Through this experience I have come to a few conclusions about spoilers which I hope will help you think about spoilers in a different way and maybe make the internet a little nicer and less judgemental place if only for a few people.
These are my own personal observations and convictions. Take them up or leave them be as you find them edifying to your own enjoyment of movies and discussions of them.
1. Spoilers are sometimes just a marketing tool.
It isn’t always super transparent, as with the Russo Brothers announcement that the embargo on spoilers for Endgame was now past, but the preservation of spoilers and the control of general information about a movie releasing are big tools that studios and their marketing departments wield in order to maximize profits. Don’t be ignorant of this when you decide how much value to place on preserving the secrecy of a film’s plot points.
2. Great movies are great whether you know the ending or not.
Something that is true of every single one of my top 100 films, and I would guess even my top 250 if I knew what they all were, is that I have seen them multiple times and still love them. I knew how the movie ended the second time through and still they are perennials of my favorite movie list. Even movies like “The Sixth Sense,” which hinge on sudden revelation of information continue to work, and in some ways work better, once you know their ending. If letting you know how a movie ends ruins the movie then the film makers didn’t do their job in creating something that would stand the test of multiple viewings. I’m not interested in films like that.
3. Time is the unique (somewhat) subject of film.
Because Film is an art form which takes place over a period of time, compresses time through editing, and can be duplicated perfectly for people regardless of their physical placement, it is already an art form which comments on time and its impact as it passes (see Tarkovsky’s book, Sculpting in Time.) To then act like the context in which it was released (or time) should not matter in my conversations or understanding of a film is simply silly. If the context in which “Casablanca” is important, so is the current context in which someone might see it, including what they may or may not know about it from pop culture.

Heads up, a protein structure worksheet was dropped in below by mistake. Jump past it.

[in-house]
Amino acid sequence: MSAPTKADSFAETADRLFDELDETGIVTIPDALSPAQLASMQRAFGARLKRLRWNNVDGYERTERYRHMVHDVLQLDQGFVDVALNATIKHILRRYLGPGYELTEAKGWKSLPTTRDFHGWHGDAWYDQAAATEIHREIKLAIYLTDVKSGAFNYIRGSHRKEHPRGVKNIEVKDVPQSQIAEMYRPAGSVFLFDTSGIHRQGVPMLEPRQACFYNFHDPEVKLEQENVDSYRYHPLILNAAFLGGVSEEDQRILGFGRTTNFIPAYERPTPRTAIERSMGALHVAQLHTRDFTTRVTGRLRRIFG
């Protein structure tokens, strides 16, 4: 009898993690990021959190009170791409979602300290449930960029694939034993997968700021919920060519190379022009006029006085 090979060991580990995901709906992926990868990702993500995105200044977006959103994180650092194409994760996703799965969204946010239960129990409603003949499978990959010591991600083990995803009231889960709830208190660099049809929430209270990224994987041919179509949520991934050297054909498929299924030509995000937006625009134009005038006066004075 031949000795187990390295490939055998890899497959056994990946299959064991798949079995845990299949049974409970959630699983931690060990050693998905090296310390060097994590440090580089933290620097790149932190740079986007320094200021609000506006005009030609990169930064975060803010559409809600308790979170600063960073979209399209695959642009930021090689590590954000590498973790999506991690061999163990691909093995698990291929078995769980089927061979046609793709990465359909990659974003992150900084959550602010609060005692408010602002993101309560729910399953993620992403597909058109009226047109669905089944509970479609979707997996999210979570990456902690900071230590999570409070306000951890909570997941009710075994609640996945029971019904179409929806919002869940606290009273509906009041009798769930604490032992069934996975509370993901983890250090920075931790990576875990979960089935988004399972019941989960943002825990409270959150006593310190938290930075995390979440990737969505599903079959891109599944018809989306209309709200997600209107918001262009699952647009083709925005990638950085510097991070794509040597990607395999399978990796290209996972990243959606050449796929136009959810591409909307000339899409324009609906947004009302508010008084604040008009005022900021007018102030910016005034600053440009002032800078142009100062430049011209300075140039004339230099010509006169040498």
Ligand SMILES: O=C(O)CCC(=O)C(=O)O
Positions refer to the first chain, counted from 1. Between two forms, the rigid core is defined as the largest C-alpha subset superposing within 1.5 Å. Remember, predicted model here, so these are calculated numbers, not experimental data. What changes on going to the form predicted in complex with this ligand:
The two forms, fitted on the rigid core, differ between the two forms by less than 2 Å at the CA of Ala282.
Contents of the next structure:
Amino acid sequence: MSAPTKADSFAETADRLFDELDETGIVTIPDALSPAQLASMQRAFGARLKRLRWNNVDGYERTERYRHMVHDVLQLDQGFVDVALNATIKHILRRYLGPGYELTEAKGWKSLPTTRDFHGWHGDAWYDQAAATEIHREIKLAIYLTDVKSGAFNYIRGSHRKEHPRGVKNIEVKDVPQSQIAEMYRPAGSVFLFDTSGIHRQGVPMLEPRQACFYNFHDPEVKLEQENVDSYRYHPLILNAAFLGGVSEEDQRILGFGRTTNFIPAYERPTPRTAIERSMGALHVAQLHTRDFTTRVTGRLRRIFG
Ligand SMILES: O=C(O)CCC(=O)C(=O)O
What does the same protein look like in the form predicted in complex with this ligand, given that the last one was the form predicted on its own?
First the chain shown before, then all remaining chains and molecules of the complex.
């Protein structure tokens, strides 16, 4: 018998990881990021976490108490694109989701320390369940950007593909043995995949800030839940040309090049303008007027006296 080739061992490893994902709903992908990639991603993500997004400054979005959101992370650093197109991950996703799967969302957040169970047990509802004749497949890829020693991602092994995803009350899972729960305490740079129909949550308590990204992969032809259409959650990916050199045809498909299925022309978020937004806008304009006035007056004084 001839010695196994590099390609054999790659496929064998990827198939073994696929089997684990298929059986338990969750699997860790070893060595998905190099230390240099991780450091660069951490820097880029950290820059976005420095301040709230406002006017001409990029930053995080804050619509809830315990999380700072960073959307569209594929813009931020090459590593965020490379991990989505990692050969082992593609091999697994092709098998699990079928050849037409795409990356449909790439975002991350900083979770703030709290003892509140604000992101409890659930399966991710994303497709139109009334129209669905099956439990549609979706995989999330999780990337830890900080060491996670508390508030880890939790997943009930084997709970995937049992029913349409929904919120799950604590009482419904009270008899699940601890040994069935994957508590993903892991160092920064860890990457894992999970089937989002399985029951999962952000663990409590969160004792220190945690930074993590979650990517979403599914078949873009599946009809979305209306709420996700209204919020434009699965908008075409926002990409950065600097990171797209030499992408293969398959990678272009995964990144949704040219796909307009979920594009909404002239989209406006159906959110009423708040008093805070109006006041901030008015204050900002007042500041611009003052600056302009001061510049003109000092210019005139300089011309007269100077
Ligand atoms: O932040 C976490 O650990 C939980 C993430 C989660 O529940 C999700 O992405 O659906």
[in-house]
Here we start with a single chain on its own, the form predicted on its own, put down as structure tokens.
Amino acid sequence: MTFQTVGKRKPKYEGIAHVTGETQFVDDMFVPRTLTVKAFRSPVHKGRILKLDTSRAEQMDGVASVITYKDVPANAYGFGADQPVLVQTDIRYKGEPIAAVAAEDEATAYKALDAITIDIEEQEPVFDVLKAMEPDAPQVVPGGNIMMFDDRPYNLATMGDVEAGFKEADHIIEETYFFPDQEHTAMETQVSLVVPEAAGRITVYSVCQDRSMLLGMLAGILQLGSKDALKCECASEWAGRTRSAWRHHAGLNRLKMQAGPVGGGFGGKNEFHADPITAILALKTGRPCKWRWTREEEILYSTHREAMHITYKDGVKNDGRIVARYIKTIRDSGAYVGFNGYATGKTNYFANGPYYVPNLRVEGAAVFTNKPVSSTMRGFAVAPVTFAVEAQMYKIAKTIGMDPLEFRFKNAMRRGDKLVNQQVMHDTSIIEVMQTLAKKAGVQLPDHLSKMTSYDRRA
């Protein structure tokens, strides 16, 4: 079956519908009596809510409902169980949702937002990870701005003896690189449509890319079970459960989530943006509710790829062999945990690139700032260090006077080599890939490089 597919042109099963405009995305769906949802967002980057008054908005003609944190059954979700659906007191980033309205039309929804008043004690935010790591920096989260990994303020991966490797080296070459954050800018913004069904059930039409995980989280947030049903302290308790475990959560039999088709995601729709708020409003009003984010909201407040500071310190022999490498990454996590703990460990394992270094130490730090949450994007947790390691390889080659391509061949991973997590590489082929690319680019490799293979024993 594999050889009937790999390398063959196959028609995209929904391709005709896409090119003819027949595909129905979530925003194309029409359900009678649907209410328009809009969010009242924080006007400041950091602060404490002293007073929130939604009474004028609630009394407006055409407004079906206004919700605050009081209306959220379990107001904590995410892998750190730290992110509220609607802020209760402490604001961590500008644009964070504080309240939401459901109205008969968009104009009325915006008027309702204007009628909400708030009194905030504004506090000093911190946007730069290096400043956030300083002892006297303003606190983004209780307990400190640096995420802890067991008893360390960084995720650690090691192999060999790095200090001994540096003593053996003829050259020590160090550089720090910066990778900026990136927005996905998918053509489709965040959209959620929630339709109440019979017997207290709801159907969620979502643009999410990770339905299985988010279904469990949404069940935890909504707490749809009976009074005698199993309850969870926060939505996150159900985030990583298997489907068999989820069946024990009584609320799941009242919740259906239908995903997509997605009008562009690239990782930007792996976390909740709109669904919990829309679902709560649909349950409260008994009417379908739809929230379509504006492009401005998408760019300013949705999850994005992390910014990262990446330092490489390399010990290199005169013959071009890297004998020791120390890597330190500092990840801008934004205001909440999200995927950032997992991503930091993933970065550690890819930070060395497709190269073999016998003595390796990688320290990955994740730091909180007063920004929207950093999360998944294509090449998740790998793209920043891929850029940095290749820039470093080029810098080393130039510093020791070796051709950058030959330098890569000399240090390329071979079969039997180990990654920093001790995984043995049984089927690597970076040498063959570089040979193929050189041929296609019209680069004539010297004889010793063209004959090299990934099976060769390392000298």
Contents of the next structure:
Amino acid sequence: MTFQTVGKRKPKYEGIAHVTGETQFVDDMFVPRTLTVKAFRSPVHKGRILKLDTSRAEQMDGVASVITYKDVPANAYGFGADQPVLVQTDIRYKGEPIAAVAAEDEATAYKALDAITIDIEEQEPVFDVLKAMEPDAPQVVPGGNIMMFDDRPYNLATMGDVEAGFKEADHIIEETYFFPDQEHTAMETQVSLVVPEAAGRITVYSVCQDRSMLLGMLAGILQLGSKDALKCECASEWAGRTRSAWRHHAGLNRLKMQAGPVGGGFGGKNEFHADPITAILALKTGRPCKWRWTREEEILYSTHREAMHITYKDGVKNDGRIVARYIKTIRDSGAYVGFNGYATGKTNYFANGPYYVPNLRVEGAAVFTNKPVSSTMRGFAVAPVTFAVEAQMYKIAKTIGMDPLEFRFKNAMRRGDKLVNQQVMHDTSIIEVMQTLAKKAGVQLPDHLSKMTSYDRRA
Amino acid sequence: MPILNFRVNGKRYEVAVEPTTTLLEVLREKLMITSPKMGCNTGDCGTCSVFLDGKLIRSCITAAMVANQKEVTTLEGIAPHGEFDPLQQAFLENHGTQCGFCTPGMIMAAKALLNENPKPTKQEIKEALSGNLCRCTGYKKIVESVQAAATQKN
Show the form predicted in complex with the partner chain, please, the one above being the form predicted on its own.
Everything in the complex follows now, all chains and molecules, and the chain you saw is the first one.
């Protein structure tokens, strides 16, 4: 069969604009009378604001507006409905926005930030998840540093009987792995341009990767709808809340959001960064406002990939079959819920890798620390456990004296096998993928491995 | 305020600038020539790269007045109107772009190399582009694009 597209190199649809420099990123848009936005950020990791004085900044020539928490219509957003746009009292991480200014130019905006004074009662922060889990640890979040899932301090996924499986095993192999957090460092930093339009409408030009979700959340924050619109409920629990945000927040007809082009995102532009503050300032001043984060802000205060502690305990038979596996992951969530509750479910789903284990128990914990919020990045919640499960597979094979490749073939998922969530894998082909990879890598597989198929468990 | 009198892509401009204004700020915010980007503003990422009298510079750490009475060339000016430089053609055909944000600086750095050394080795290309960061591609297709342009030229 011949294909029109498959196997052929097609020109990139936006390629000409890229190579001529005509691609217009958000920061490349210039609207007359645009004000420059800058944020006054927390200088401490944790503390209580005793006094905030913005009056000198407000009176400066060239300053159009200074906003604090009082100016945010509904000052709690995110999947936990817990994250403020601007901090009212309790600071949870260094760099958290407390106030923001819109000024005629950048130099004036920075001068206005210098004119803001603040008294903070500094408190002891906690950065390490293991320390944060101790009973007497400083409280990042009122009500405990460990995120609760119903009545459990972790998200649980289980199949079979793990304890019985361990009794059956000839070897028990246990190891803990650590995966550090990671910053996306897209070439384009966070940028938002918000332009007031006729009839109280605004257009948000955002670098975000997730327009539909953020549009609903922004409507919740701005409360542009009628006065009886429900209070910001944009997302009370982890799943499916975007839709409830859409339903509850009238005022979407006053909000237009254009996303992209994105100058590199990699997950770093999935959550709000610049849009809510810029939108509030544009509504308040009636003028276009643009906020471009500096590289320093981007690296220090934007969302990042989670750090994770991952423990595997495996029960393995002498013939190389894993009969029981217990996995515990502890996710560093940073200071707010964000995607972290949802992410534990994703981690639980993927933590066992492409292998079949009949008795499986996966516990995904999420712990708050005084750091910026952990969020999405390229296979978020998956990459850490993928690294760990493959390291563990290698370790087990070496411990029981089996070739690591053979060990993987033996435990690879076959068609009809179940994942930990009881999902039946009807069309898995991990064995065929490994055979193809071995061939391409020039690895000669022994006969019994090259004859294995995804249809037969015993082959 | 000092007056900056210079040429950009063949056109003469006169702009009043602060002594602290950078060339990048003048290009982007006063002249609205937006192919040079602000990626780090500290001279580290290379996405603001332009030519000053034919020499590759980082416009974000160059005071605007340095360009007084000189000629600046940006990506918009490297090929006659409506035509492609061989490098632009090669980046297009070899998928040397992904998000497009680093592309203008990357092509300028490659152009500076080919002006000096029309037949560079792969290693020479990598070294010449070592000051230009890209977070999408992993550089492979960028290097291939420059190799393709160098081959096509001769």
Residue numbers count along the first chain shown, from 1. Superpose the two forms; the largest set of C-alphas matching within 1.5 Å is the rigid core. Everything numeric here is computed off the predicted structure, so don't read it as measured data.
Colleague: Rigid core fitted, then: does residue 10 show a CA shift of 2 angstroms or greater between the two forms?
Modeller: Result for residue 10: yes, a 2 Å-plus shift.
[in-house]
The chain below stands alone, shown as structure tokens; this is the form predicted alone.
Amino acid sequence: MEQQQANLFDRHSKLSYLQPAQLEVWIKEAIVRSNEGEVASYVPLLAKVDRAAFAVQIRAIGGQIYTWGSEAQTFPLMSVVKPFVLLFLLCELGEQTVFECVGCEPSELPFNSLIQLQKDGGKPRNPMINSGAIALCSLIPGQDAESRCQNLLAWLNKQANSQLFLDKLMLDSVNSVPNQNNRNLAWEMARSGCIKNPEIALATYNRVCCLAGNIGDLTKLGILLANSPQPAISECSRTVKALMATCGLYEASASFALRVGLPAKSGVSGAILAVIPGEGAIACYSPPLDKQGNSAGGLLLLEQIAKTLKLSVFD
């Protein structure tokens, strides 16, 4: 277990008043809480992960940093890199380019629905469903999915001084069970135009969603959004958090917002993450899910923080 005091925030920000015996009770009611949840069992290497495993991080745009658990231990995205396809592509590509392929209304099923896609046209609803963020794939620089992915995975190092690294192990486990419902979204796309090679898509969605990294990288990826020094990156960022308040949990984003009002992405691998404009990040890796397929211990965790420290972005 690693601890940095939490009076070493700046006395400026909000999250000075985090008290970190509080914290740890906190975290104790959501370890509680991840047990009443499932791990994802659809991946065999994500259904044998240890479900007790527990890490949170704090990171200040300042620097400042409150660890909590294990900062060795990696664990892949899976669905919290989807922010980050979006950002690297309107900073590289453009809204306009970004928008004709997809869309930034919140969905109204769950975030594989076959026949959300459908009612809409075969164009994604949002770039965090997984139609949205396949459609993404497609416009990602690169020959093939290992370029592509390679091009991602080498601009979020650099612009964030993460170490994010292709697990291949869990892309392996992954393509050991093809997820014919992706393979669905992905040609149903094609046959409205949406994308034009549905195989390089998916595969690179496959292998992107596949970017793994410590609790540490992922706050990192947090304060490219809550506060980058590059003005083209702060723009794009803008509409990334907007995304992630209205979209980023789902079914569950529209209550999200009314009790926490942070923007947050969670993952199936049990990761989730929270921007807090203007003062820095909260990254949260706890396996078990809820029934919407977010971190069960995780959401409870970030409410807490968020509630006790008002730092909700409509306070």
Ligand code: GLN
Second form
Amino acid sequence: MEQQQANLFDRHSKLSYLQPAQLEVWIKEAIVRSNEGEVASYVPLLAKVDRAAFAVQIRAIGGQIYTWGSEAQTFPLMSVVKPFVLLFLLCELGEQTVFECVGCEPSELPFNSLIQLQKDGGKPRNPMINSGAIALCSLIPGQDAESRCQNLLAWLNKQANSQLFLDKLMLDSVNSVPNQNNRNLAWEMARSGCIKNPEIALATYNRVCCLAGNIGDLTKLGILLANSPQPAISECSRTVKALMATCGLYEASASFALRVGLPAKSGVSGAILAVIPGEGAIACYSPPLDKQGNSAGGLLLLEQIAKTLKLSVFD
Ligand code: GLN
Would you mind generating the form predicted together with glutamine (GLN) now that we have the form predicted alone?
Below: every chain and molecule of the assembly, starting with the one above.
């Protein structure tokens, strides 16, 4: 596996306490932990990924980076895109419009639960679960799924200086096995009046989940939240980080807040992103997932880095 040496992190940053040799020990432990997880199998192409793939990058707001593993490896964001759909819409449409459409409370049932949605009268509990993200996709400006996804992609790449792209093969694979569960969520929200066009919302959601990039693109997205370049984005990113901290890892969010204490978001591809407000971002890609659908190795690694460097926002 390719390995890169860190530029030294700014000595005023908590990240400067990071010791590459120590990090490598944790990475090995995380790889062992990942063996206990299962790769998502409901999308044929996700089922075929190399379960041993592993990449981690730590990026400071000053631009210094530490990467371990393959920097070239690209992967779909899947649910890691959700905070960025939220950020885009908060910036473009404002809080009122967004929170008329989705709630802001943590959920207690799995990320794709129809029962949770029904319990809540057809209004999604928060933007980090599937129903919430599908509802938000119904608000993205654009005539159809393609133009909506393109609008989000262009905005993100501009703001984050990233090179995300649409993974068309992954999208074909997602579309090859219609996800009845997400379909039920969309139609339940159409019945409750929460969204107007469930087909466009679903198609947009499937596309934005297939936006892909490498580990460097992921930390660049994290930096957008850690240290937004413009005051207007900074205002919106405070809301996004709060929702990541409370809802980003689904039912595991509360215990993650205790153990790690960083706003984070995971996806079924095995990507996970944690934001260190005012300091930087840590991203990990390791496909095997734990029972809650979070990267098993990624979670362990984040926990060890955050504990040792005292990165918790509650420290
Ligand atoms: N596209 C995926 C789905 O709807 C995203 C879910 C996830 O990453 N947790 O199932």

4. I don’t need to watch trailers.
While I am not afraid of spoilers, I still don’t seek them out. Trailers have increasingly been the culprit of such things. Even telling me that certain characters will meet in a certain place is a form of spoiler. The primary purpose of a trailer is to sell me on the film. Thus, that is how I intend to use them. If I already know I want to see a movie (like Spider-man: Far From Home) I try to avoid the trailer. On the other hand, if I am uncertain about a movie I will see the trailer to help me make a decision of whether to see it or not. I do not analyze trailers or want to see anyone’s breakdown of it. All that can do is, at best, tell me a bunch of stuff about the movie before I see it and at worst, become another way for a studio to make me feel like I have to see a movie because of the time I have invested in it even before I have seen it.
5. I don’t need to engage in fan culture.
I am a movie fan. A cinephile. I am not a pop culture fan. I am not a comic book fan. I have crossover in my Venn diagram of interests with those categories but I am primarily interested in the film as a stand alone piece of art. If a studio wants me to engage on a level more expansive than that, going to theme parks, going to conventions, or hanging on every teaser trailer or leaked photo from on set then I am just not their target audience. I am ok with that.